Cyril. What was your first experience with motorcycles. When and how? Pat. Well, in the 60’s I had friends with bikes that I was able to borrow from time to time. That started it all. Then around 1970, as I said, I got hold of an old BSA that I had to put some work into to make run, and that really convinced me that I was made for the sport. I got a crash course in metrics at the time. Luckily I had friends who were willing to mentor me through the process a little, but I was the one who had to do all the adjustments, and twist all the nuts and bolts. Fortunately, I was able to get it on the road, and I still have great memories of those early days.
Cyril. What are your preferred brands, motorcycle era, models? Pat. I like ’em all. I ride a ’90 FLHS Harley that I’ve done a little work on. S & S carb, Performance front brake, new sheet metal and paint, reworked front end, upgraded tires, that kind of thing. I’m nuts about the old bikes ’65 and earlier for the Harleys, and just about anything pre ’16. But I love all the old stuff, Indians, Excelsiors, Thors, Popes, Hendersons, Merkels, Daytons, Sears, Reading Standard, and on and on… I love the custom bike scene these days, and one of these days I’d love to build a chopper, or bobber of some kind.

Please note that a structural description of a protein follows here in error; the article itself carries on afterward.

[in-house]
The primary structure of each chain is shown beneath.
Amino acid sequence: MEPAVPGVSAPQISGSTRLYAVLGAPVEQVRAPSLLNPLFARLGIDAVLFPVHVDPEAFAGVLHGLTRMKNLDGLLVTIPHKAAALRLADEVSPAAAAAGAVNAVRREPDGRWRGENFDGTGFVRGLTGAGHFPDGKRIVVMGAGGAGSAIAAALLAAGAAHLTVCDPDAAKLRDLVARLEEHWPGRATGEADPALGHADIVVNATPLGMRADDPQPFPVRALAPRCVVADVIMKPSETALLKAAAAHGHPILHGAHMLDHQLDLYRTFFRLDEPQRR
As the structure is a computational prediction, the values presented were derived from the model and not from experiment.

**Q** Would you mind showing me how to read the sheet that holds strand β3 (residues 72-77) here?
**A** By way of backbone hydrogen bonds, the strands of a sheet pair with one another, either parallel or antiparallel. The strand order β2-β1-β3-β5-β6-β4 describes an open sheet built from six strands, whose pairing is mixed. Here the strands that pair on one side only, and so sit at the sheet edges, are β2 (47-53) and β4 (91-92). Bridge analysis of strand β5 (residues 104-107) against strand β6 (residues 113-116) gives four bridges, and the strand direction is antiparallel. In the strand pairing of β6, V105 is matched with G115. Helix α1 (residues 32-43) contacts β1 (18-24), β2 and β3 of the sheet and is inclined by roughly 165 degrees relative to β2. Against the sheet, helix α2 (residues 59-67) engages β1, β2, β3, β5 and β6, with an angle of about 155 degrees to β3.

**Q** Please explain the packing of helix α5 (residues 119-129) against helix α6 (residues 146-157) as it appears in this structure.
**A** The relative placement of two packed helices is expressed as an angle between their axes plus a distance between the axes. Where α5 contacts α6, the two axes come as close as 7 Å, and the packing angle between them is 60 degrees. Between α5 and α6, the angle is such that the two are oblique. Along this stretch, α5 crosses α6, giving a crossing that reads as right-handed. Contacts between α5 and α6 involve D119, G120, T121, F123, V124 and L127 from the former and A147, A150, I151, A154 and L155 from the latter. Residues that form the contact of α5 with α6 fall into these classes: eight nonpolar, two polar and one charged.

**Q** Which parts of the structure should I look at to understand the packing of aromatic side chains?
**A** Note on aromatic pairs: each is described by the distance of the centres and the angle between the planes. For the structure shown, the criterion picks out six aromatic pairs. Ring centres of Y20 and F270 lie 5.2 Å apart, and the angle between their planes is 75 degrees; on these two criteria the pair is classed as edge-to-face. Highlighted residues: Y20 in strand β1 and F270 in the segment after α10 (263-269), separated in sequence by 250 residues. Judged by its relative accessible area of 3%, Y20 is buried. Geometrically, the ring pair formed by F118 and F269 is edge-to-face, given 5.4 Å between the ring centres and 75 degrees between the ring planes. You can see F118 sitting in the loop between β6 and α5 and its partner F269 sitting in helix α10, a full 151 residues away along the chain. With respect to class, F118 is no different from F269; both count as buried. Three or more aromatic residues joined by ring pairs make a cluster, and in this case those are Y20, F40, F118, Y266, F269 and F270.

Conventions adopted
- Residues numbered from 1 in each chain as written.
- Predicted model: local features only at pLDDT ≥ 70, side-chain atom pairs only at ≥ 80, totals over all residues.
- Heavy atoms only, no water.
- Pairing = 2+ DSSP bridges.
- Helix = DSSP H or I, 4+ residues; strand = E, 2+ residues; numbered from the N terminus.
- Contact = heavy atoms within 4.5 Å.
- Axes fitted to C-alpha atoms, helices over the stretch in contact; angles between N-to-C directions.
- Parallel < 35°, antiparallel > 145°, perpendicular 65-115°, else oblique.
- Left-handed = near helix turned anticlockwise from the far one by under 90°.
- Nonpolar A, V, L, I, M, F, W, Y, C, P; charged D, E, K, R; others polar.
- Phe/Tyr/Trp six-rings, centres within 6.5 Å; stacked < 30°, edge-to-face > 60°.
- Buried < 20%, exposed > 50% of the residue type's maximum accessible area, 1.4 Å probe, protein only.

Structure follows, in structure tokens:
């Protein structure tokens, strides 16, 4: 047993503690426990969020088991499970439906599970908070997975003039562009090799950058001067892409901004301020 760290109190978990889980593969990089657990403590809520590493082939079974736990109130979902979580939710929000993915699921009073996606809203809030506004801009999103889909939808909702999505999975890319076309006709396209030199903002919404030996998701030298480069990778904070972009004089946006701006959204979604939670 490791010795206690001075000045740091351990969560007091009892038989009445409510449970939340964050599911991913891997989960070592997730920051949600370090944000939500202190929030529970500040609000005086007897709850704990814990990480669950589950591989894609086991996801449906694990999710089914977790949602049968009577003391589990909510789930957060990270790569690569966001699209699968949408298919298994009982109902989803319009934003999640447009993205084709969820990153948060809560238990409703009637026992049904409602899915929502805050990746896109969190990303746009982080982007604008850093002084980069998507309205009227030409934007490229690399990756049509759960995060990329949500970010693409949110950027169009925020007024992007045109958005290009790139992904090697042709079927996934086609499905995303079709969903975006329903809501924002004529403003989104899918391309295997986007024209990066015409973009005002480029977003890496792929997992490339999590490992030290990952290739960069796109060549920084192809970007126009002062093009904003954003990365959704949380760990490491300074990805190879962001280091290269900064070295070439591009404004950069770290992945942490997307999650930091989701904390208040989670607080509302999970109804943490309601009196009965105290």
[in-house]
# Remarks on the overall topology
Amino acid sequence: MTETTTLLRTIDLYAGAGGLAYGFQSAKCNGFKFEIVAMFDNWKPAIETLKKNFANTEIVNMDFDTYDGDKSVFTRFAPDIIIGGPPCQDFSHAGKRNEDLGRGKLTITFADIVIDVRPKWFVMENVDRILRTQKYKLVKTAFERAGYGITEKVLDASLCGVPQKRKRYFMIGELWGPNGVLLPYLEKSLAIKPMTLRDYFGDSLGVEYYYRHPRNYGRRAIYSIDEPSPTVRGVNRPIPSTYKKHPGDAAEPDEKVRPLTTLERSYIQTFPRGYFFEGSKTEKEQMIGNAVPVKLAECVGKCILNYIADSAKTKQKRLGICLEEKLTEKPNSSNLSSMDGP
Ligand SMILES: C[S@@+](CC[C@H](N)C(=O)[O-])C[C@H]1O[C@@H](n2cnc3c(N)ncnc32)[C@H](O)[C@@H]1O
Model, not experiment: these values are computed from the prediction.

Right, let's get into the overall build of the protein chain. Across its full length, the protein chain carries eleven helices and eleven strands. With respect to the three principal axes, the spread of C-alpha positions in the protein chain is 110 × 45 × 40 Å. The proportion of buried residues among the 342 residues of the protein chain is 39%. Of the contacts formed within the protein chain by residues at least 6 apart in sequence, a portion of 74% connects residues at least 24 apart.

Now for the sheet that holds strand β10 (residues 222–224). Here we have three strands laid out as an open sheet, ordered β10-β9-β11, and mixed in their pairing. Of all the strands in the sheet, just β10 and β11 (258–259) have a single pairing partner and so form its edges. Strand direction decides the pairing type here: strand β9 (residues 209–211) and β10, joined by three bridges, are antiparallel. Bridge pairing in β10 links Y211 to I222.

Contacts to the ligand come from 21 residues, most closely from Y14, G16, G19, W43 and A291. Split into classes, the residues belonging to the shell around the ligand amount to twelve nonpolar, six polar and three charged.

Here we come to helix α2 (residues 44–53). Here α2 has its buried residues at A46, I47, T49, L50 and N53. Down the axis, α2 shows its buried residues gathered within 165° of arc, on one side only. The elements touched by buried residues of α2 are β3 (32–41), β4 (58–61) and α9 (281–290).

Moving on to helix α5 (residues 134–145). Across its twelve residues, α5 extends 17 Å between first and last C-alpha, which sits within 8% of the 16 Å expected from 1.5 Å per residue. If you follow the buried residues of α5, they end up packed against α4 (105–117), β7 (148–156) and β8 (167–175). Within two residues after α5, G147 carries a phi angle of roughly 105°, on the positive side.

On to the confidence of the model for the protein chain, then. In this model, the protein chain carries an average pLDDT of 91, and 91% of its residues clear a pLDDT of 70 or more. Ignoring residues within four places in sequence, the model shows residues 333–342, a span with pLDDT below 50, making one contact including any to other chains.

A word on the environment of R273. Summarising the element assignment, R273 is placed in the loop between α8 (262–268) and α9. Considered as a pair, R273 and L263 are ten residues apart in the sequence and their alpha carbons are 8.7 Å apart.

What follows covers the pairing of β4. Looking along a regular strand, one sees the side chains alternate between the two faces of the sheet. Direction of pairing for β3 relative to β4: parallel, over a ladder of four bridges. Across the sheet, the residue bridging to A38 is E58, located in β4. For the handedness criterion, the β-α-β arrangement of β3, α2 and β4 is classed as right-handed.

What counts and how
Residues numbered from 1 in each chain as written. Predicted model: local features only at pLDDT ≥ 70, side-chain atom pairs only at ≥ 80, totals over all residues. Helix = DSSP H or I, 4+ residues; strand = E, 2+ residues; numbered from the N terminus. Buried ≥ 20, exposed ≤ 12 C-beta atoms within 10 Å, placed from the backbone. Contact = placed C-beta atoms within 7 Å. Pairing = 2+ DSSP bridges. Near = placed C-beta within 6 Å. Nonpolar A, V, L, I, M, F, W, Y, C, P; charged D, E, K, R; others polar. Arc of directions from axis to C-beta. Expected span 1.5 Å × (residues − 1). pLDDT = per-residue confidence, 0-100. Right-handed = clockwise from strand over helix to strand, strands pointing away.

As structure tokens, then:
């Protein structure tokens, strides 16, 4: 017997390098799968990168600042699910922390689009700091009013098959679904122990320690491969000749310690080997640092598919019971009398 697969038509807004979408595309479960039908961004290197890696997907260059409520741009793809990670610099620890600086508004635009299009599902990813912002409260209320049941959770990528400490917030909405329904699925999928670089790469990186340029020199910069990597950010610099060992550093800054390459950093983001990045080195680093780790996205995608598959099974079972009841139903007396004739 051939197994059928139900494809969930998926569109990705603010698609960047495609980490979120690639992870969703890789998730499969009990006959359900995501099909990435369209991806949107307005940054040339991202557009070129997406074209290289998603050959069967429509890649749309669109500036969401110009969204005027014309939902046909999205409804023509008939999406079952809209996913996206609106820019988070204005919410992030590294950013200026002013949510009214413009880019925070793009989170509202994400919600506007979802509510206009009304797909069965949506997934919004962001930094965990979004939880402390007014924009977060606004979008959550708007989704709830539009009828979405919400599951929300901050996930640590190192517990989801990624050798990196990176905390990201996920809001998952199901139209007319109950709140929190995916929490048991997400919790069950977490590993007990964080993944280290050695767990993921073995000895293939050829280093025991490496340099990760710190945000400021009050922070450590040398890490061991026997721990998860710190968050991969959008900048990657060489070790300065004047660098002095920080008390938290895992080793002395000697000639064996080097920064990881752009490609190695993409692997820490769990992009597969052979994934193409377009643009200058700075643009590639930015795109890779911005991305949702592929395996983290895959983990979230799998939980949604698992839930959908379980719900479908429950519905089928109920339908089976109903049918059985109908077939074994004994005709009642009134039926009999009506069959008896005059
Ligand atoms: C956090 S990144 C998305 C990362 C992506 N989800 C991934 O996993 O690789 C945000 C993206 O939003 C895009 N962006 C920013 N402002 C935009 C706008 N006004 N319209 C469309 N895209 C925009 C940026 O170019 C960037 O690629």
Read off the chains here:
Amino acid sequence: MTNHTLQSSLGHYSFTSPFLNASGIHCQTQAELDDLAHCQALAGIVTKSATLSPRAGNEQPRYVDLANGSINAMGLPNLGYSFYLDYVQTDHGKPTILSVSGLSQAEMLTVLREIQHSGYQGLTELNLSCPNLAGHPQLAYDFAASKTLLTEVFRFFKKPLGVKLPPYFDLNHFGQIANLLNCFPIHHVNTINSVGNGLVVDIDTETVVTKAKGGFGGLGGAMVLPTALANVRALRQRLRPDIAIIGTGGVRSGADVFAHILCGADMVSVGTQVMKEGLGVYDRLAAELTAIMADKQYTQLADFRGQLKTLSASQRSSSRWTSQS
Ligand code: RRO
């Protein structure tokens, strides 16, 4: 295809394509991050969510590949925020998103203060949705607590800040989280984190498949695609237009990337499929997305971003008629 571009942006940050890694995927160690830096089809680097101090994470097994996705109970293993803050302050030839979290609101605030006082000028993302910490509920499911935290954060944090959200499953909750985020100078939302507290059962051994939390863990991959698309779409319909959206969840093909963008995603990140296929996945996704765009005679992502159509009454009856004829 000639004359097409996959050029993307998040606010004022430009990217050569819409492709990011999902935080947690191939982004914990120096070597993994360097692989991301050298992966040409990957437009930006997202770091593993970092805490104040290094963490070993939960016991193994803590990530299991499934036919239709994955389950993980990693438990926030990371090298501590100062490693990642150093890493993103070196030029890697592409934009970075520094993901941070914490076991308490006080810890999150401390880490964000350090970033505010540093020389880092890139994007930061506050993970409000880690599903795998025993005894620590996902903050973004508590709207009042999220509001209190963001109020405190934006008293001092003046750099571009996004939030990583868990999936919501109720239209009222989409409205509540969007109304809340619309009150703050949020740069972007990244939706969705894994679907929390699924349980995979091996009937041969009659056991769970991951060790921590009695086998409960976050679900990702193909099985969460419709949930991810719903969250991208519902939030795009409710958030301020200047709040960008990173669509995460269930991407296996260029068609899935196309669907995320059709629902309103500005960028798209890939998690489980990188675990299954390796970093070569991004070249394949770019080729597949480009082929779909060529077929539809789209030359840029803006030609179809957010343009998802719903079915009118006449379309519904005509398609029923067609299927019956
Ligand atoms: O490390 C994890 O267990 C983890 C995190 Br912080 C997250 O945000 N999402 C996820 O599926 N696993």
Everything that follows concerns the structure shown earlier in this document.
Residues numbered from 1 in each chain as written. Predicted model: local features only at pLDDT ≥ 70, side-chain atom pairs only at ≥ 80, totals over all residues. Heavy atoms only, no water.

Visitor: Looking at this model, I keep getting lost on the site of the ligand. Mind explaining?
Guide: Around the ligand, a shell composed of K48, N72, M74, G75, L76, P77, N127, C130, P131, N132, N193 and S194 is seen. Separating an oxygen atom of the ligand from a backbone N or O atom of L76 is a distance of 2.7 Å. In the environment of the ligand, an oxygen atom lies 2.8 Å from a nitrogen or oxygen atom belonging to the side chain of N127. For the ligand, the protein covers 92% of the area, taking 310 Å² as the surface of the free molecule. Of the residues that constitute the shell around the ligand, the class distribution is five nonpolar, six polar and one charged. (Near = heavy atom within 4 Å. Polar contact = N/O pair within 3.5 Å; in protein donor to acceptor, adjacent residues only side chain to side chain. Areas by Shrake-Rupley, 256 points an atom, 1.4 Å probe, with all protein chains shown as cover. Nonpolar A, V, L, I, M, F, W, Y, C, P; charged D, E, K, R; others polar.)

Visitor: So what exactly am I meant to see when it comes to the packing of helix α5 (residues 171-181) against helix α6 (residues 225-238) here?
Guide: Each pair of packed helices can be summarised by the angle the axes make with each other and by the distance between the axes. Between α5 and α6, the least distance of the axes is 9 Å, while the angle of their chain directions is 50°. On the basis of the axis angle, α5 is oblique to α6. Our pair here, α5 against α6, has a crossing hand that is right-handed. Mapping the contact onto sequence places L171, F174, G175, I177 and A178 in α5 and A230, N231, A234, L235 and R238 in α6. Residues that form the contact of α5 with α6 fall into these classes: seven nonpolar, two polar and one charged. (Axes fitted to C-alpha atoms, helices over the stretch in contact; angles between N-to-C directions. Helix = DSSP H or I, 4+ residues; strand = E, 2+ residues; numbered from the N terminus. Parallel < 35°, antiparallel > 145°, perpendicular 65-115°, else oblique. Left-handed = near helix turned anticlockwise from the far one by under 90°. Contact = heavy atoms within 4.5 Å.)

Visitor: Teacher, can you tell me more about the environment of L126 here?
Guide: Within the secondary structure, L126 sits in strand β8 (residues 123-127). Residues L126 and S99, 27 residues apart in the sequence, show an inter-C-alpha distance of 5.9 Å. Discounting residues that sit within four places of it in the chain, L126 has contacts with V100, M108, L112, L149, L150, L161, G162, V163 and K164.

Cyril. Do you work on your bikes? How did you learn? Pat. Yeah, I do some things, chains, tires, carburetors, brakes, some electrics, linkage, that kind of thing. I have torn down a few engines, trannys, etc. These days I have been putting in so many miles on the road, that I haven’t had time to devote to the total rebuilds. I just wouldn’t want to walk away and leave something torn apart for that long. Most of my experience has come from just going for it. I read a lot of motorcycle literature. Of course I’m always asking all my mechanic friends about this or that. My wife is a good source of advice as well. She’s pretty knowledgeable.